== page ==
So what’s a more realistic figure?
Anywhere from $1 trillion to $5 trillion. The nonpartisan Congressional Budget Office recently said that the war’s cost would amount to $1.2 trillion to $1.7 trillion by 2017. Harvard researcher Linda Bilmes and Nobel Prize–winning economist Joseph Stiglitz, in their book The $3 Trillion War, say that the war’s long-term cost will range from $2 trillion to $5 trillion. Iraq is already the second most expensive war in U.S. history. Only World War II cost more, about $5 trillion, adjusted for inflation. As a point of perspective, consider what the $600 billion we’ve spent already could have purchased, says Bilmes. “The money spent on the war could have fixed Social Security for 75 years or provided health insurance to all American children,” she says.
Has the money been well spent?
In many cases, no. Audits and oversight groups have found that tens of billions have been squandered in waste, fraud, and corruption. Contractors hired to rebuild the country’s infrastructure or provide security have overcharged the U.S. for everything from soft drinks—$45 a can—to gasoline. Millions of dollars in no-bid reconstruction contracts were diverted to things such as Super Bowl tickets, prostitutes, watches, and jewelry. And much of the reconstruction work has been substandard. The U.S., for example, paid $72 million to Parsons, a U.S. contractor, to build a police academy in Baghdad. But the building was so badly put together that raw sewage seeps from its walls and ceilings. “This became the lens through which Iraqis now see America—incompetence, profiteering, arrogance,” said House Democrat Henry Waxman of California, a vocal critic of the war.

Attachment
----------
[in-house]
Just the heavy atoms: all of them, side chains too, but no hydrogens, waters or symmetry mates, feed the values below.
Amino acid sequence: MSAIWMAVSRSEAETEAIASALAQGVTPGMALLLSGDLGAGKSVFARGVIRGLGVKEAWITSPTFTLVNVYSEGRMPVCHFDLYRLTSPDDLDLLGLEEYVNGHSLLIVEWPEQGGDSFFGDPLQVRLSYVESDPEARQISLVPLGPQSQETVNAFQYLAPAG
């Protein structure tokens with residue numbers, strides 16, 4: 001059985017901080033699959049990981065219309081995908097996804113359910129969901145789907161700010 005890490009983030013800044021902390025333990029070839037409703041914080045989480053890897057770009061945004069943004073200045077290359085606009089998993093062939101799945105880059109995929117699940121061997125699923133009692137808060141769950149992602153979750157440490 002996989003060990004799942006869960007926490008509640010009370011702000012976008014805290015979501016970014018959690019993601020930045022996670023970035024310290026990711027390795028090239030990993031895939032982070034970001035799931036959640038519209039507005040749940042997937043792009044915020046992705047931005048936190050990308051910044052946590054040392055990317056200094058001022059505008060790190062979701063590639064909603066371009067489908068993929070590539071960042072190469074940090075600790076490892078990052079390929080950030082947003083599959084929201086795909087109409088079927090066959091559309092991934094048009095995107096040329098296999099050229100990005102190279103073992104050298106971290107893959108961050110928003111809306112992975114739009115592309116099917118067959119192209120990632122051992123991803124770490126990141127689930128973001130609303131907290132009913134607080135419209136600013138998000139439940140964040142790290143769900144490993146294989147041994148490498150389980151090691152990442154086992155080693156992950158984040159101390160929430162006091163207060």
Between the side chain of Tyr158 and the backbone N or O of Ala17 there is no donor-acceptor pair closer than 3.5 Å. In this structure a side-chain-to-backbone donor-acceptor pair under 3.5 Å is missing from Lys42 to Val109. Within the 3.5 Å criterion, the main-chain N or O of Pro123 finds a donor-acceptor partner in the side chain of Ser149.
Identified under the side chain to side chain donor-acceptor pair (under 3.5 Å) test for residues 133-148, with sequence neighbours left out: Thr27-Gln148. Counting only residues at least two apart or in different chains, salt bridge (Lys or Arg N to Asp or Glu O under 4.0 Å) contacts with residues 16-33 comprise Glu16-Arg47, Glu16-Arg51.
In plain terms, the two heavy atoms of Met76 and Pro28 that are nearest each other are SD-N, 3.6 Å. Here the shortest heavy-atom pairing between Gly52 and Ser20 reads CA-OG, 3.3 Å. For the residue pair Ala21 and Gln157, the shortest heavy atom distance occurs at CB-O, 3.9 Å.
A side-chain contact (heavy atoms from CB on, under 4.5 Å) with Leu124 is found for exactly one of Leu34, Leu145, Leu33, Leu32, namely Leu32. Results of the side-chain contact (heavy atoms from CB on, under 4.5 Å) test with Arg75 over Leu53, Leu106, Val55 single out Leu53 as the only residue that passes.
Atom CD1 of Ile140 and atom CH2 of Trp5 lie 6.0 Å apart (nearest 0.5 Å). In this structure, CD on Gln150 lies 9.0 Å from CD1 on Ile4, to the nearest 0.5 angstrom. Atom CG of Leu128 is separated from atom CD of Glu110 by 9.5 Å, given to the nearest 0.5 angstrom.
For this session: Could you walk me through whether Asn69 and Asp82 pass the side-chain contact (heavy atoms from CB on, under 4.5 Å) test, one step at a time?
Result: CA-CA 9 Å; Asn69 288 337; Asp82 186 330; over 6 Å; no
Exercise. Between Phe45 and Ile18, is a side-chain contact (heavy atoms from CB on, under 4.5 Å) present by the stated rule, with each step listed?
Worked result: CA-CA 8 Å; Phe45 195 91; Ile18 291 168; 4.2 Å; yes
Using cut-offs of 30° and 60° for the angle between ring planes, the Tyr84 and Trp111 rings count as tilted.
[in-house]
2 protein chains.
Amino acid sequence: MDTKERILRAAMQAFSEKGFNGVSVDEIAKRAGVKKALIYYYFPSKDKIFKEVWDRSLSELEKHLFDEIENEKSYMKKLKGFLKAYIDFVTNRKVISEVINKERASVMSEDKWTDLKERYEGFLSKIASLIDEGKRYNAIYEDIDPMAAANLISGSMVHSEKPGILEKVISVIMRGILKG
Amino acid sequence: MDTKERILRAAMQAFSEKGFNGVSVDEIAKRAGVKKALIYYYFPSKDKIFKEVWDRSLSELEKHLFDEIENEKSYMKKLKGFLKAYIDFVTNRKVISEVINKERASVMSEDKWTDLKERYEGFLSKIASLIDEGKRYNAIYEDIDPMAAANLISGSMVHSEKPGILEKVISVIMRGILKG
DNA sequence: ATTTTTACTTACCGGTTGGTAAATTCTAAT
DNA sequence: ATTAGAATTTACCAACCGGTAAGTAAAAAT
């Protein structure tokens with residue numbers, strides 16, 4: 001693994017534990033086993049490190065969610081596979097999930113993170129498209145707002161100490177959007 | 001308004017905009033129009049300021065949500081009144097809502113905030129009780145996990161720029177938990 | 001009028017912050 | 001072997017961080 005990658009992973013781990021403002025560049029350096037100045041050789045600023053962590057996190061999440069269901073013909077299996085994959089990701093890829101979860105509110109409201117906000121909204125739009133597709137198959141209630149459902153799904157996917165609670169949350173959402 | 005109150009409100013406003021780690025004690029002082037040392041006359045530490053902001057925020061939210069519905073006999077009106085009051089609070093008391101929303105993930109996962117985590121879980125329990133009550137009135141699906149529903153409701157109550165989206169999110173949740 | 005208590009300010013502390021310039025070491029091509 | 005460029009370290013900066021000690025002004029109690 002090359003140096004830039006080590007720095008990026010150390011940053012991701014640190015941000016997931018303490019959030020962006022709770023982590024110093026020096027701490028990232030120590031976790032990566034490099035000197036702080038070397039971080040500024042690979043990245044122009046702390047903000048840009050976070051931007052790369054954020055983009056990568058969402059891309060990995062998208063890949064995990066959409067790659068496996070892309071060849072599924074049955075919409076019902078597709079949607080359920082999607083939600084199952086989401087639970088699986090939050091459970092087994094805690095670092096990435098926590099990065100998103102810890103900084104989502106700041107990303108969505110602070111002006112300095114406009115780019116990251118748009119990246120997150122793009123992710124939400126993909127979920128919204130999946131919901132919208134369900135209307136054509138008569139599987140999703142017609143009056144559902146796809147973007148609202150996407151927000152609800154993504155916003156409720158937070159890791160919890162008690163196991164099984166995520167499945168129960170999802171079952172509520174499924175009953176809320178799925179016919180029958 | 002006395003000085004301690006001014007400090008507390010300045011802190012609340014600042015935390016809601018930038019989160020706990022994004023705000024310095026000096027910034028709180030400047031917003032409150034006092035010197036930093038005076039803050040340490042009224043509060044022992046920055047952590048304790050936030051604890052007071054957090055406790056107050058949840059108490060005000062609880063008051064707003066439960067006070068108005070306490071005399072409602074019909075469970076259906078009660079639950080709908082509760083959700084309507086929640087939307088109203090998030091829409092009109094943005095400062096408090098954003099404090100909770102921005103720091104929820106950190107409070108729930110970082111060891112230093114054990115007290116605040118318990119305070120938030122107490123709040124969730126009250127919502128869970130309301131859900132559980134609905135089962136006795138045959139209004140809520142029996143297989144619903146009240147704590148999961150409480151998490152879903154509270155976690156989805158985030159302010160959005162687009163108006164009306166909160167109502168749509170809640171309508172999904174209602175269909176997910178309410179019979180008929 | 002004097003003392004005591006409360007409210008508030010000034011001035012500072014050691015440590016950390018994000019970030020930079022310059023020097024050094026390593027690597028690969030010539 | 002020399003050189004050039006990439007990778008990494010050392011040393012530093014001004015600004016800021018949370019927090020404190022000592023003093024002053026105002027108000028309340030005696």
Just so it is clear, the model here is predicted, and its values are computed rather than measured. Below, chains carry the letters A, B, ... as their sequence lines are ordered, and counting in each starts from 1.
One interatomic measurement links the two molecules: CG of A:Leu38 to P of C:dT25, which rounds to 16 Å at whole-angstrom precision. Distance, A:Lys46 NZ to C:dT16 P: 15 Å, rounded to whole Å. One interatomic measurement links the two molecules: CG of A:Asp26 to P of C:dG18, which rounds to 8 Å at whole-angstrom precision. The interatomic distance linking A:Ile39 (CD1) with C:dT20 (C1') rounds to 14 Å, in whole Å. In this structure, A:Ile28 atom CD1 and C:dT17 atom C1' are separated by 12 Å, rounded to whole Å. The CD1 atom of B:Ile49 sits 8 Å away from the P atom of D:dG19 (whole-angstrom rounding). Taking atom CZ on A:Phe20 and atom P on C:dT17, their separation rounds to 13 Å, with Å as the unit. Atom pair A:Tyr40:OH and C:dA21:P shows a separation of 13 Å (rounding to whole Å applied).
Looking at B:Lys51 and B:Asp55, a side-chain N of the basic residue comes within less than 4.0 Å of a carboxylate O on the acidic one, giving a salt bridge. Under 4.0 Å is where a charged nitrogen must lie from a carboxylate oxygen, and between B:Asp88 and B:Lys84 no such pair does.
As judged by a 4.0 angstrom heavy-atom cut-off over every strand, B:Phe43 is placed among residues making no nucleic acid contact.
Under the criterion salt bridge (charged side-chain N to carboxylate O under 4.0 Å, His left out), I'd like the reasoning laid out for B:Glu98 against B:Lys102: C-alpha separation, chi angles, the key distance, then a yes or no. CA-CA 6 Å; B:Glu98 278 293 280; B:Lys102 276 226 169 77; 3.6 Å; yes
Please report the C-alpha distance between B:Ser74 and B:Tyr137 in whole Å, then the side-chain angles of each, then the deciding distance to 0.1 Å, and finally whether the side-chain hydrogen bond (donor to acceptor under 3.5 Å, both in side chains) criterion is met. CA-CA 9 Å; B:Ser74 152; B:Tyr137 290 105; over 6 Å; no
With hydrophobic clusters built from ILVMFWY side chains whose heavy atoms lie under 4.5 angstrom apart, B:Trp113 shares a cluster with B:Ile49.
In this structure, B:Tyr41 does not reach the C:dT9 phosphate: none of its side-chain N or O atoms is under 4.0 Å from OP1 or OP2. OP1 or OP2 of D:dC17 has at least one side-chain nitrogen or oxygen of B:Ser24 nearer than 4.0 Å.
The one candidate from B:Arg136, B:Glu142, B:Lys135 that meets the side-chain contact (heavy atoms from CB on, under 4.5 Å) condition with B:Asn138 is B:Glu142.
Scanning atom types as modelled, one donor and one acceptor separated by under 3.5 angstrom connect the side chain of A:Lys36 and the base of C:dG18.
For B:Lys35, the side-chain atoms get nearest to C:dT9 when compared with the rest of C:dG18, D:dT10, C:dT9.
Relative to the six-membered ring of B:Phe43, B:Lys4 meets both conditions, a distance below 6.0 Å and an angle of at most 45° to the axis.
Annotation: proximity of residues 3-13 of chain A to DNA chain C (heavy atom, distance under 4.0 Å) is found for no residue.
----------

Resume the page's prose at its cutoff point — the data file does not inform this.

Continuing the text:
Analysts also state that they not sure now much of Iraq’s oil is siphoned off because monitors were never installed on the pipelines. It is also suspected that a sizable amount of Iraq’s reconstruction funds are funneled to various militia groups, which means that Bush has us financing the people causing most of the civil unrest. It would have been cheaper to have bought Iraq, made it a state and put the Texas Rangers in charge of security and training.